Lunise and Richard Morse (far left) leading RAM at the North Beach Bandshell, Miami Beach Saturday. Photo credit © Luis Olazábal, courtesy The Rhythm Foundation

It’s hard to tell what the spirits are doing any given night, but it´s a good bet that a few of them were dancing with RAM at the North Beach Bandshell in Miami Beach, Saturday. As earthly pleasures go, this would’ve been one hard to pass up.
Led by singer and dancer Lunise Morse and founder, singer, and emcee Richard Morse, the 11-piece Haitian roots music band RAM offered an intense and joyful performance that had the mostly Haitian expat audience up, dancing and singing all evening.

Founded in 1990 by Morse, RAM once blended elements of rock and funk with Haitian traditional and Vodou ritual music and instruments and became a leading band of the mizik rasin (roots music) movement. That was then. Over time, the group has de-emphasized the rock elements in favor of Haitian musical tradition. (Guitarist William Morse, Lunise and Richard’s son, teased a few heavy rock riffs, but never longer than a few bars) In fact, Saturday, the rich, deep-rooted Africanness of the music offered moments that hinted at modern African styles as disparate as Congolese soukous or Fela Kuti’s Afrobeat. Also, a vocal ensemble piece suggested, at least to a non-Haitian listener, a sort of proto-gospel song.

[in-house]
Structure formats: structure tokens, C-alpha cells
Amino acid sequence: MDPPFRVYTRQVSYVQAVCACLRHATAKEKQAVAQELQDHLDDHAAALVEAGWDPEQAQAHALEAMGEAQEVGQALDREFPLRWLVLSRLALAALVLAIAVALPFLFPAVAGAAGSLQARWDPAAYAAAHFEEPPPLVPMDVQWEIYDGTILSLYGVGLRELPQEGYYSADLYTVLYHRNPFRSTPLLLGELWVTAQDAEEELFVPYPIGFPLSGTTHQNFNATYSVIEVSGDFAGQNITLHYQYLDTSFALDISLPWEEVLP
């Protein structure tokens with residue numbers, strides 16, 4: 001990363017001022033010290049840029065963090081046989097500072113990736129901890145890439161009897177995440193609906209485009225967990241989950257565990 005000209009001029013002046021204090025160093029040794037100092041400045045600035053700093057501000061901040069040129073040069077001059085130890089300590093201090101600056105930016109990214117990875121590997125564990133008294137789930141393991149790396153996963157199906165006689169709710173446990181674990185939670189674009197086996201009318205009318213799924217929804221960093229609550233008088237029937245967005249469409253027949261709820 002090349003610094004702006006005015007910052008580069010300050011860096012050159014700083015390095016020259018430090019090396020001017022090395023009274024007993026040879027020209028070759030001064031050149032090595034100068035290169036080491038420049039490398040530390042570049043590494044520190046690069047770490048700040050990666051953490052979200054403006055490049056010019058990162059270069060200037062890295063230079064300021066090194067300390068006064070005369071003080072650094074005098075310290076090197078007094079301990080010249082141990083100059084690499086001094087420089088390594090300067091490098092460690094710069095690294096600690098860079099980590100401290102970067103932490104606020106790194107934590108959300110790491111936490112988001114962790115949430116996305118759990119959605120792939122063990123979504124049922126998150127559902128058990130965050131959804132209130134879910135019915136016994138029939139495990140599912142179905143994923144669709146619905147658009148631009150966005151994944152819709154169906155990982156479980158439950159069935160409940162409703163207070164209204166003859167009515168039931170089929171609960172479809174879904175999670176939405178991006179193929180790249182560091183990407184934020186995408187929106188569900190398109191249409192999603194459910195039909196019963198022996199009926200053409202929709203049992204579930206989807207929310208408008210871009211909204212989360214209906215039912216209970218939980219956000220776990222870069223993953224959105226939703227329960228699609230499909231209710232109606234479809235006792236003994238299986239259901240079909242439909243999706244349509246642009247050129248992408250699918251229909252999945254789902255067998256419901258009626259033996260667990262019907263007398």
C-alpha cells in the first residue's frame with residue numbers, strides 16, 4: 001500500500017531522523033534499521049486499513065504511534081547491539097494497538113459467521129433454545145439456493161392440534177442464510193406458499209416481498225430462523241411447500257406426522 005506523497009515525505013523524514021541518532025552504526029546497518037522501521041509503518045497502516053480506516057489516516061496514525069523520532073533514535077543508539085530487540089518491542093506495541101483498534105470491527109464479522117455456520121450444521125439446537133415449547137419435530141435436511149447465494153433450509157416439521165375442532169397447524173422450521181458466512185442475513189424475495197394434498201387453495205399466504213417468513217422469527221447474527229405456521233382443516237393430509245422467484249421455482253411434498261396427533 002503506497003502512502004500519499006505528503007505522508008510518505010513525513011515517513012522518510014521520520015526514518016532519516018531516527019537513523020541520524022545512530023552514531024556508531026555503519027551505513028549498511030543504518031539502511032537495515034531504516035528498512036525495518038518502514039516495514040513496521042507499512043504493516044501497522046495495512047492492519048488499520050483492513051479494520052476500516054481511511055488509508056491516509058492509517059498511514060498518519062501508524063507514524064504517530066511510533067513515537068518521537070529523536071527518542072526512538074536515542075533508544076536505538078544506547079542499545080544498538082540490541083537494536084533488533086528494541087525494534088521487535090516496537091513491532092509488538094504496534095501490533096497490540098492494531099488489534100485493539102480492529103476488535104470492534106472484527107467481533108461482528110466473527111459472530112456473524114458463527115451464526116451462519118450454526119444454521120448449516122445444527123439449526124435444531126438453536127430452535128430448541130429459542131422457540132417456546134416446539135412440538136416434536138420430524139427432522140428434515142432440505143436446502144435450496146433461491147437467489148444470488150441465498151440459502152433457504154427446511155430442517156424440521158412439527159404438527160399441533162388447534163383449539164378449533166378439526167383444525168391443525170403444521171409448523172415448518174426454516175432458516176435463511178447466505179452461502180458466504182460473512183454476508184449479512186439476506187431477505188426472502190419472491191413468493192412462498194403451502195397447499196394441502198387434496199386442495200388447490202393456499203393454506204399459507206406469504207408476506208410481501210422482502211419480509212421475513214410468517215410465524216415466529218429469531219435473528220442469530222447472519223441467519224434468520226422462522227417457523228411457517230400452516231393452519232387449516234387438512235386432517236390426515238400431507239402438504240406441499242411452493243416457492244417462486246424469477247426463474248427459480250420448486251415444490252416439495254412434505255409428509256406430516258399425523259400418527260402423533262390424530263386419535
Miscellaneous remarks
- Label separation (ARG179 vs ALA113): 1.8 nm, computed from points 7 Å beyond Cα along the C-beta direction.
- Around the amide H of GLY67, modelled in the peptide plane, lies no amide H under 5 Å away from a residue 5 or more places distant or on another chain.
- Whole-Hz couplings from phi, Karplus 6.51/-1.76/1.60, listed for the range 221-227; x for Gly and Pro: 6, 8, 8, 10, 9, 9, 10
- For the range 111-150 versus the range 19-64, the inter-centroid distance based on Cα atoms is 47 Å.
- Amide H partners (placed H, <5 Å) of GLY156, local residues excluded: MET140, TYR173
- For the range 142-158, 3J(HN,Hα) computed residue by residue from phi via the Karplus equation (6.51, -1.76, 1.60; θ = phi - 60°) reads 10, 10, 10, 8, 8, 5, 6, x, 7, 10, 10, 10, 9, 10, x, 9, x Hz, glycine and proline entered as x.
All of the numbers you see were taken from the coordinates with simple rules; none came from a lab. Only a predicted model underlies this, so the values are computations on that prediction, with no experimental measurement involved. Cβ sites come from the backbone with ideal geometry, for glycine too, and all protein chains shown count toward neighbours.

Anchored by a battery of three single-head, conga-like drums and a standard rock drum kit, electric bass and guitar; and featuring three backing vocalists who also played light percussion, a scrapper, and, occasionally, the vaksen, the conical metal horns of the rara carnival tradition, RAM was, basically, a drums and vocals ensemble.
Most of the pieces were in triple meter, and RAM’s drummers — a phenomenal engine room that worked with relentless intensity, exact but swinging — gave the music a muscular, textured forward drive. Meanwhile, lead singer Lunise danced and set up call-and-responses with the backing choir while seemingly floating over the music.

The show was sung and conducted in Kreyol, but the power and beauty of the music needed no translation.